# Zero Percent of 100

In the equation:

$$5 \times 100 / 1$$

You see that $5$ over $1$ is a $500\%$ increase. How would I show the percent of increase over zero? Thank you.

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Sorry if this is a stupid question. I am just asking if it is possible to show a percent of increase over zero. I see that I cannot divide by zero, so is it not possible? – user1477388 Oct 30 '12 at 14:42
If originally you had zero piece of something, then you get 2 of these something, then the increase is $\infty\%$. Is it what you're asking? – Berci Oct 30 '12 at 14:44
Yes, that is what I'm asking. It's hard for me to understand "infinite %." Aren't zero and one only one digit from each other? How can 0 be infinite % from 5 when 1 is 500% from 5? – user1477388 Oct 30 '12 at 14:48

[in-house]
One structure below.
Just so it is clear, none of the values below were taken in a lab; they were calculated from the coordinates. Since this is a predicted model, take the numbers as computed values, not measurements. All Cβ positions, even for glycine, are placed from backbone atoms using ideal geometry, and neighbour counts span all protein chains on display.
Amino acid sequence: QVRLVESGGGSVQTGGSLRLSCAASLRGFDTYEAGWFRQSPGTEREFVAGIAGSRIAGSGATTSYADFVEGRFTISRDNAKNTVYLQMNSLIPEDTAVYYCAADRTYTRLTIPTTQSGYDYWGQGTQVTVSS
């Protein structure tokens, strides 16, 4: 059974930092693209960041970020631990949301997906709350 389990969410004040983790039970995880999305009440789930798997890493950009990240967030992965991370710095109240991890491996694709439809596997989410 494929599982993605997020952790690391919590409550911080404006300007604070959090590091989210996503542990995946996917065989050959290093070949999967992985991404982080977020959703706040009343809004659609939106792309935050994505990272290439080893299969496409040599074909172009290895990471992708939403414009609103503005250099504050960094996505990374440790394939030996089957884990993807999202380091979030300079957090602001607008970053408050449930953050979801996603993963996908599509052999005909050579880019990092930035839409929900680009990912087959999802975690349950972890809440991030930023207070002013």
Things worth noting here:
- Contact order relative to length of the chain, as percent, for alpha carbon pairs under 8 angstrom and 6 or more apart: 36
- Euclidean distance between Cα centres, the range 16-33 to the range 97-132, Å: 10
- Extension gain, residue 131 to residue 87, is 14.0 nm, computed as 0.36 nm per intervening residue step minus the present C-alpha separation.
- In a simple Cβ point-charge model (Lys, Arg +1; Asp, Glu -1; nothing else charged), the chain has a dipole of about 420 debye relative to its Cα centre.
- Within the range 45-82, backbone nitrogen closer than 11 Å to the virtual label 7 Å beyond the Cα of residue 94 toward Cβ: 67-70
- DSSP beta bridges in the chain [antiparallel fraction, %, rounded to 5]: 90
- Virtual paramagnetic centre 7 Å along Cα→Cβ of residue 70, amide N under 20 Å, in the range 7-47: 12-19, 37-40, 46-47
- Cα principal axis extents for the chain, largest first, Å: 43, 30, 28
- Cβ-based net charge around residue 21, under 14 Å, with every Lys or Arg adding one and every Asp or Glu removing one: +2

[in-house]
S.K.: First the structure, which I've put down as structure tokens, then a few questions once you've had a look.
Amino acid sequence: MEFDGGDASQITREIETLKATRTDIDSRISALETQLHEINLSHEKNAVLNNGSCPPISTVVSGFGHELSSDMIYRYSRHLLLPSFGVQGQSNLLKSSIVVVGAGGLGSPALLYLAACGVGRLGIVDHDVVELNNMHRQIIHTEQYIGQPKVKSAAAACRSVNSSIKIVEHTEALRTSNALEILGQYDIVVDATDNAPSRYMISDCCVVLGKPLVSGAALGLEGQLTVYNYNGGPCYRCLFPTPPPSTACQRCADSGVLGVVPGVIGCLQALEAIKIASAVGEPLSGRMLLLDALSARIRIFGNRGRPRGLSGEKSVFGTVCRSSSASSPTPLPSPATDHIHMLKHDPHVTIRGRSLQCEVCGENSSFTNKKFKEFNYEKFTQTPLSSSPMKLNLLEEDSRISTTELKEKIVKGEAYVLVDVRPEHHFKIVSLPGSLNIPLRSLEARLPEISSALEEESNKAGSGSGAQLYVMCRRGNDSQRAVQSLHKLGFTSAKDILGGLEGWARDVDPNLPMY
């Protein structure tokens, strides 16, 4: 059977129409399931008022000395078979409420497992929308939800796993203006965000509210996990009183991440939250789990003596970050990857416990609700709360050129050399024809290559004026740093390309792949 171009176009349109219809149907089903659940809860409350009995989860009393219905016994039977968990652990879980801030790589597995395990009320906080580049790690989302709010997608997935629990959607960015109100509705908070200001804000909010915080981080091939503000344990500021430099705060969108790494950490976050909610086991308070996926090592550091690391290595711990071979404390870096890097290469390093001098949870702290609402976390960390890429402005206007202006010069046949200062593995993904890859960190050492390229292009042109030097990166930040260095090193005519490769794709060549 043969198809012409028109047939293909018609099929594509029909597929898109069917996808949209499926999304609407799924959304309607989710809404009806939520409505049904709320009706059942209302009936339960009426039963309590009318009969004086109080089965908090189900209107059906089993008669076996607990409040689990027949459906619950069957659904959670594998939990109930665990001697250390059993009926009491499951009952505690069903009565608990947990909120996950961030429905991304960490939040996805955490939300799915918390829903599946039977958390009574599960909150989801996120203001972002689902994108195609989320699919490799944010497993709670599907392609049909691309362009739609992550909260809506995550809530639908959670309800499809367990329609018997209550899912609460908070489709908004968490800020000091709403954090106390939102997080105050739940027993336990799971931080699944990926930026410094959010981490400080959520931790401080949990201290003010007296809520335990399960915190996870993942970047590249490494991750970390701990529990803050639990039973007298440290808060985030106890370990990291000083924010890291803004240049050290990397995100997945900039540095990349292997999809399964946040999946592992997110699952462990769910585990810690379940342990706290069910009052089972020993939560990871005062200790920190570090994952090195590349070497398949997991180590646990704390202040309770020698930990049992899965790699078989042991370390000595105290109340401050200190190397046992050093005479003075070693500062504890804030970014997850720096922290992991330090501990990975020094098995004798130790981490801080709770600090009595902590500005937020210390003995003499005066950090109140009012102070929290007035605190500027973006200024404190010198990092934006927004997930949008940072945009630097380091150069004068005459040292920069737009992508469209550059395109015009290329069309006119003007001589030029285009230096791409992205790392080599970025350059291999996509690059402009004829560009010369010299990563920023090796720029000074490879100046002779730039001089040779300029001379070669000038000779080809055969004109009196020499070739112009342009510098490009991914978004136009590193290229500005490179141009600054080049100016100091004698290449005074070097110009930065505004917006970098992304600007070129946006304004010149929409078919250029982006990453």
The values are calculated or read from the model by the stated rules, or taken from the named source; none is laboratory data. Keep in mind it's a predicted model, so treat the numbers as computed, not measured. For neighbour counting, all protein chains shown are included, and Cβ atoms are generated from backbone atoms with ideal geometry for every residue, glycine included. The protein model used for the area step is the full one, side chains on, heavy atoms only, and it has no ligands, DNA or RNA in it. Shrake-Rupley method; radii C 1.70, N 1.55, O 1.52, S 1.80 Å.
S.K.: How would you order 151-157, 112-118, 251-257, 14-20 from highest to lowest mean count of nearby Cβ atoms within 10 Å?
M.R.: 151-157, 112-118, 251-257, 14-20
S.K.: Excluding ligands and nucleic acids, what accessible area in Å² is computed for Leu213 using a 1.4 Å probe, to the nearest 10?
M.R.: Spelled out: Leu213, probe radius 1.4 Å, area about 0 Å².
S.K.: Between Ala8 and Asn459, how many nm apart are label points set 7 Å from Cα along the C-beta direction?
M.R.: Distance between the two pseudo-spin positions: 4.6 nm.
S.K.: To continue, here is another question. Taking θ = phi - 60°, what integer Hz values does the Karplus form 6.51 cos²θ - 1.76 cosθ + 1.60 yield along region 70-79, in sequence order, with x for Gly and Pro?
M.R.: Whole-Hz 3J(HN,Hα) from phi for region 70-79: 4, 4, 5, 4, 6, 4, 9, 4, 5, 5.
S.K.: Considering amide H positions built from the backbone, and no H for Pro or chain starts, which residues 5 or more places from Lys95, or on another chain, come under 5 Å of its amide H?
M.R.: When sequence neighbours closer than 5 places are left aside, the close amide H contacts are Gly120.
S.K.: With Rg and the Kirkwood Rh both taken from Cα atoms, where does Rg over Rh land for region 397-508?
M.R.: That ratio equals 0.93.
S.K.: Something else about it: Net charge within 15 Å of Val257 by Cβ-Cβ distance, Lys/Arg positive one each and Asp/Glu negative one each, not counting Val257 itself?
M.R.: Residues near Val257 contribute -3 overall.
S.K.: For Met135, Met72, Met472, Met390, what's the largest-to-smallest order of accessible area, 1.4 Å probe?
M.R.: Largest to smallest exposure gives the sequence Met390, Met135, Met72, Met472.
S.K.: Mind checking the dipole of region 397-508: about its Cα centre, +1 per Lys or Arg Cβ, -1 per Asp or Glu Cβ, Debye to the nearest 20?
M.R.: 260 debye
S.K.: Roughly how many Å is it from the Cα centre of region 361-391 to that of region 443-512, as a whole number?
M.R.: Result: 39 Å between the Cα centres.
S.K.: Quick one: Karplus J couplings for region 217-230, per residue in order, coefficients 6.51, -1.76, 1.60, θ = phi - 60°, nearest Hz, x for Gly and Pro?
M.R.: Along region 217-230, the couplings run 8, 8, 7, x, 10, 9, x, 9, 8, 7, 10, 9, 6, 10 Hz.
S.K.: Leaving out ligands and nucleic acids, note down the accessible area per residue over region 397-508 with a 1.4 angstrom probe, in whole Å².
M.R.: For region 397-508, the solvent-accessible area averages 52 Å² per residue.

Question: 5 is what percent increase over 0 ? This is a division problem with divisor 0. Not allowed. Any percent increase of zero is still zero. Sometimes a guy I know (who is a volunteer worker, unpaid) says "I want a raise" and the boss says "I'll double your salary" and we all laugh. – GEdgar Oct 30 '12 at 14:56
Thanks to everyone for helping me understand :) – user1477388 Oct 30 '12 at 14:59

$500$% increase means that provided that you previously had $x$ amount of something, then it became $5$ times itself.
$500$% increase 'over $0$' thus means that you had $x=0$, and finally it became $5x$ which is still $0$.
Increase from $0$, hence is not measured well by the ratio of increasement, but the increasement itself. And, percentage can describe only ratios.